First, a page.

A couple of months ago, Dave Williams interviewed me for his Google Hangout for Cancer Coaches (check him out at The prep I did for the interview seemed appropriate to share with you, as follows.

1. Could you describe WHY you decided to work with cancer patients?

Two things happened:

• First, I had my own brain cancer experience, during which I was very much alone (despite a loving husband, family and friends), and the support group didn’t work for me. After treatments ended, there really was no support other than information on a counter about Gilda’s Club, which also seemed to focus on groups.

• Second, my younger brother’s death from pancreatic cancer had a profound effect on me. He only had a few weeks to live following diagnosis, and really LIVED those weeks, welcoming his closest friends and family to hang out with him – providing us all with the opportunity to spend quality time and support each other. This completely changed my perspective about individual vs. group support.

When I thought about these experiences, I decided I wanted to ensure others didn’t have to “go it alone” when they wanted someone to talk to who understood and was really there for them as individuals.

2) You come to a coaching client with an executive coaching background. Could you outline the assistance you provide and how it differs from the work you normally do with executives?

Often executives just want tangible outcomes/results, and some won’t do the inner work that can have such a transformative impact on whole person, and certainly on the outer work.

Those who have survived a life threatening illness tend to have a lot of raw emotions available that can provide a deeper coaching experience to make changes from the inside out, and really transform their lives. So I present this coaching as “life” coaching, which can then evolve into executive and/or career coaching to explore how to make the transition into work that is meaningful and where the client can make a significant contribution.

3) Finding “purpose” is a concept that many people often struggle with. Is the process different for survivors?

Because of the deep impact of the cancer experience on the survivor’s emotions, sometimes survivors are more inspired or driven to do something meaningful with their lives, with more urgency than the general population experiences. Going back to routine work may not seem enough now for a survivor.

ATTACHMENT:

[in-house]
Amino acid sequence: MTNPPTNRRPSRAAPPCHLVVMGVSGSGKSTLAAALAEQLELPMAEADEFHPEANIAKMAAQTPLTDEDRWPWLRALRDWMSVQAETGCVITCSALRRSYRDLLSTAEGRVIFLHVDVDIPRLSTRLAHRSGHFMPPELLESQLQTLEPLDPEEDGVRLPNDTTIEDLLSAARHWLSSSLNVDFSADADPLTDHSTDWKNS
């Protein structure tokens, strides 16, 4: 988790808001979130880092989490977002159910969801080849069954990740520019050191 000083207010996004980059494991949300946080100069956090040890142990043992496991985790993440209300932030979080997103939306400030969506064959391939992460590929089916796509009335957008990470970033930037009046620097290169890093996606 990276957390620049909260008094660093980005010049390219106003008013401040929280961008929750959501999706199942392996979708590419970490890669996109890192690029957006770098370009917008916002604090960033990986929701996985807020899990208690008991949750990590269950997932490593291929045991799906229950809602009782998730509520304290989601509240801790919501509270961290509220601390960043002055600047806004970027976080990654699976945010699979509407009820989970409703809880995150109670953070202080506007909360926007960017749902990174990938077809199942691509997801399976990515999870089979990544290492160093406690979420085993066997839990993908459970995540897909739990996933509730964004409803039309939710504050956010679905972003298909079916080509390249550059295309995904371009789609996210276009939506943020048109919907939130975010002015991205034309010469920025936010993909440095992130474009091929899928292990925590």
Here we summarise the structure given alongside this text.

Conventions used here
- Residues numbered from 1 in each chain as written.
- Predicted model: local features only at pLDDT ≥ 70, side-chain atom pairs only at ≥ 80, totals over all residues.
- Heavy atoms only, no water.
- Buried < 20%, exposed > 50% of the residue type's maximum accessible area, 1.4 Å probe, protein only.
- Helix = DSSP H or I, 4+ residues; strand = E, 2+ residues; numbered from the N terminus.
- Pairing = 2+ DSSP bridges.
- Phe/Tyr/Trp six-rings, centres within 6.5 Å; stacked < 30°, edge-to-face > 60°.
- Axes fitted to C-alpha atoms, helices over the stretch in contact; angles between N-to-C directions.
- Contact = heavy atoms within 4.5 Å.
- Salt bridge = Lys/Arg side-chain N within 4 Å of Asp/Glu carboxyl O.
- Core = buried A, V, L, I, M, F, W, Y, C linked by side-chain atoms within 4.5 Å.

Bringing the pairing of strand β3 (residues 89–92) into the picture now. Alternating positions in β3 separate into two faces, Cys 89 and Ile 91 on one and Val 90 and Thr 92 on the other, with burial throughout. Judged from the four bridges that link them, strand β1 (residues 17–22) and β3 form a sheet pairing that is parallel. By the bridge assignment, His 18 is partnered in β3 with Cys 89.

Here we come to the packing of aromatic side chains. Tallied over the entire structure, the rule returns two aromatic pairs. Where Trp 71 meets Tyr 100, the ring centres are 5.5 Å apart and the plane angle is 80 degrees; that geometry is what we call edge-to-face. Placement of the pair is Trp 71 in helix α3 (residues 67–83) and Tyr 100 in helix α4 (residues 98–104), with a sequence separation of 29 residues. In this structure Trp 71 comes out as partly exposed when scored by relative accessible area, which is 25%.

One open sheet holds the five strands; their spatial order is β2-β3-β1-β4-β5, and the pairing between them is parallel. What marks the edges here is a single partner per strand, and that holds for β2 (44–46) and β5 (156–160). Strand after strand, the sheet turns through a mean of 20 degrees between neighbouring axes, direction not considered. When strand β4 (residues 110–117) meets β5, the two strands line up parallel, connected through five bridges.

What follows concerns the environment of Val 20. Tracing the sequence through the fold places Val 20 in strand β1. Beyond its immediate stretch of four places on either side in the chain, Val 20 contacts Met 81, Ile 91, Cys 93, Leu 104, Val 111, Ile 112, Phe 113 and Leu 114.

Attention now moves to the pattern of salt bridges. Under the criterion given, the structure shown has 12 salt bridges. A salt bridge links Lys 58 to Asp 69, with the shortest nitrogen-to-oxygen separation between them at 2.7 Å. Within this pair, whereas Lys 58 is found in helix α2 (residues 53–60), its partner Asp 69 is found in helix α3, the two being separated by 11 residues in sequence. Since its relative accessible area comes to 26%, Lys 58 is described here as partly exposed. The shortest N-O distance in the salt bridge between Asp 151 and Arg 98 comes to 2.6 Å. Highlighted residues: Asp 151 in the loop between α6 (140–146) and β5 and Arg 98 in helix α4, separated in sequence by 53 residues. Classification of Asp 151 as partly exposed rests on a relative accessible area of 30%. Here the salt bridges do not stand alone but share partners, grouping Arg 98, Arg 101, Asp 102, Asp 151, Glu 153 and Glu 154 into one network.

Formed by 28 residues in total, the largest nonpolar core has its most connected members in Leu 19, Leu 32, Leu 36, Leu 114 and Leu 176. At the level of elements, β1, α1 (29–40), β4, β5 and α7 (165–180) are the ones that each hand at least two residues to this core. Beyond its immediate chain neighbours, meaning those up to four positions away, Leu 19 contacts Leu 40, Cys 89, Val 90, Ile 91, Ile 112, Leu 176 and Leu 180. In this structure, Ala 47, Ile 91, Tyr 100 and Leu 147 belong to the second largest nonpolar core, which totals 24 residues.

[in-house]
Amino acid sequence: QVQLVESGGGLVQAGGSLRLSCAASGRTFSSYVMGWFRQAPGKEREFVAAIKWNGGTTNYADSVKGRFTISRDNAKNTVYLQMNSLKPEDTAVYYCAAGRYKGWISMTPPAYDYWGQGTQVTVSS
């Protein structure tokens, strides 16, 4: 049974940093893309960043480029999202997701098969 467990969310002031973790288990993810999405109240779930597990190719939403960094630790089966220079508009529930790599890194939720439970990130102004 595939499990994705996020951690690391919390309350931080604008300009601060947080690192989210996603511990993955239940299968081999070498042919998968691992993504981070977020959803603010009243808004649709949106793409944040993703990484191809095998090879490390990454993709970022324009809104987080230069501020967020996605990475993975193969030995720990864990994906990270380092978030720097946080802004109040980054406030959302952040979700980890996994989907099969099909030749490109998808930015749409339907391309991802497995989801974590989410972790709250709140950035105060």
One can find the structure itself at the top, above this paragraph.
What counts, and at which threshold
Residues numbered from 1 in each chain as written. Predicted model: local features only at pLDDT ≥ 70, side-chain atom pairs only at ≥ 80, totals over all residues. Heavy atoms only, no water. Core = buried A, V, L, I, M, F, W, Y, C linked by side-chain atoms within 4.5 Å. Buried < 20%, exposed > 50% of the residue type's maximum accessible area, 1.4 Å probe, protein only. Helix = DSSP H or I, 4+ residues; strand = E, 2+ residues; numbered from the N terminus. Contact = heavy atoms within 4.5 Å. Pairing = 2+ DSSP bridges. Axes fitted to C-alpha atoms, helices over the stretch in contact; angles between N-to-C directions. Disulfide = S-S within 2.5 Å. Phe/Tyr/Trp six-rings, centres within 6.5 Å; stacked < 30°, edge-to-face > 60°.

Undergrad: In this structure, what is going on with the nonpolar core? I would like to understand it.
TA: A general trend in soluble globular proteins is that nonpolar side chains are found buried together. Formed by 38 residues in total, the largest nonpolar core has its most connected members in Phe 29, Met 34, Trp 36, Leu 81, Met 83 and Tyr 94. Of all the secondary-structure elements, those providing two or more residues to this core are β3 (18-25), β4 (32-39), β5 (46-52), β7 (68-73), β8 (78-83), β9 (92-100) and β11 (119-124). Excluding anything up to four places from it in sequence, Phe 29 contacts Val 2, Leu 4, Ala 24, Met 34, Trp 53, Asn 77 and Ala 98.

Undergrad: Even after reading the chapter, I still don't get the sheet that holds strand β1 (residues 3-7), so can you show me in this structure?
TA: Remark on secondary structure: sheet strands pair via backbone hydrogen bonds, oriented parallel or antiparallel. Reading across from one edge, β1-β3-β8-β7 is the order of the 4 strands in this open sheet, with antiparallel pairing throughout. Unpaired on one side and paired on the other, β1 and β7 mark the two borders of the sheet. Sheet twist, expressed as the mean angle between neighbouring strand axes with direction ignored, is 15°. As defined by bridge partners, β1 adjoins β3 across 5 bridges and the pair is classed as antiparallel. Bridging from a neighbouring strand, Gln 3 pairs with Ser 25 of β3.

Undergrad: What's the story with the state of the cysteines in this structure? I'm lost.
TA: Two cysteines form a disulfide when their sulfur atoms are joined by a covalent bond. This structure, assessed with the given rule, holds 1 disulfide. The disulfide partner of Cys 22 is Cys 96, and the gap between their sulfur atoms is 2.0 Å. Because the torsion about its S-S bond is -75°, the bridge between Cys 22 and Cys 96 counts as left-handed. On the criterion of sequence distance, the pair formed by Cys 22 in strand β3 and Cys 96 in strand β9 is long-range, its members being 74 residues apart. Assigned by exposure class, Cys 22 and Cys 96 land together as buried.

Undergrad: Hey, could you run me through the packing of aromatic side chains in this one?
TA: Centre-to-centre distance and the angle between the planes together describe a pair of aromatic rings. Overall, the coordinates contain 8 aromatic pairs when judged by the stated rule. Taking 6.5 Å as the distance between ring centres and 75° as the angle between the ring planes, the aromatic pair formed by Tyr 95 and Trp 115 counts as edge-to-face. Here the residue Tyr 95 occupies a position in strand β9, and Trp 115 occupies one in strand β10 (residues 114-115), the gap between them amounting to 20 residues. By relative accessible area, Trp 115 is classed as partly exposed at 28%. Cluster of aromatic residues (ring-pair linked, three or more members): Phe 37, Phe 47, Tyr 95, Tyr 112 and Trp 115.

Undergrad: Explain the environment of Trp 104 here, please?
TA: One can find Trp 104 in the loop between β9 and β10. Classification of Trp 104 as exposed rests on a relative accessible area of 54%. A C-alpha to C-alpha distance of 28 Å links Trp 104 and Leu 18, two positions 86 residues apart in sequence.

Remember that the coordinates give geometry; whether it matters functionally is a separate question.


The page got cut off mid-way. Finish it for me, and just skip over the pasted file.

The quest for meaningful work and making contributions to others becomes front and foremost as a need, yearning, or desire. Often passionate interests that may have been buried for years under “practical” career and life decisions now become the most inspiring and important.
We realize life is precious and short, and there are no guarantees of how long we have, so let’s make the most of it! No more dragging our heels!

4. How does this translate to work, re-entering the workplace, and family support?

Family: Keep in mind they are co-survivors. Even though they haven’t experienced the physical illness, they’ve been there with you on your journey. When treatments have ended, often family and friends are just grateful “it’s over” and want to go back to a sense of normalcy. But what does that look like? They may also benefit from coaching support or local support groups for caregivers. They may not realize that for you, it’s not over. It’s just the beginning of a “new normal” that can be initially confusing yet profoundly rewarding if we take charge of the things we have control over.

Re-entering the workplace: There is a non-profit here in the US called Cancer and Careers ( that has a treasure trove of resources available. I went to the Midwest conference last spring and even with my human resources background, learned so much! As a former HR management professional, I was particularly interested in the tips for interviews and re-entering the workplace, how to handle comments and questions. One technique called the “swivel” really captured my interest because it can be useful in so many situations. See

5) How does purpose & passion relate to your concept of developing an inner GPS?

If we are aligned with our heart’s purpose, passion and values, we feel better physically, with more joy, inspiration and engagement in life. When we move away from our values, purpose and passion, our emotions tend to shift toward resentment, sadness, fear, anxiety, or anger, while physical well-being drops and stress increases.

With that inner GPS of aligned values, purpose and passion, before taking a course of action or making a decision, we can ask ourselves:
“How does this line up with who I really am and who I want to be in the world?”

That choice point is critical. When we feel we have CHOICE, we tend to feel better physically, mentally, emotionally and spiritually.   If not now, WHEN will you take inspired action and align your work and your life with what’s really important to you?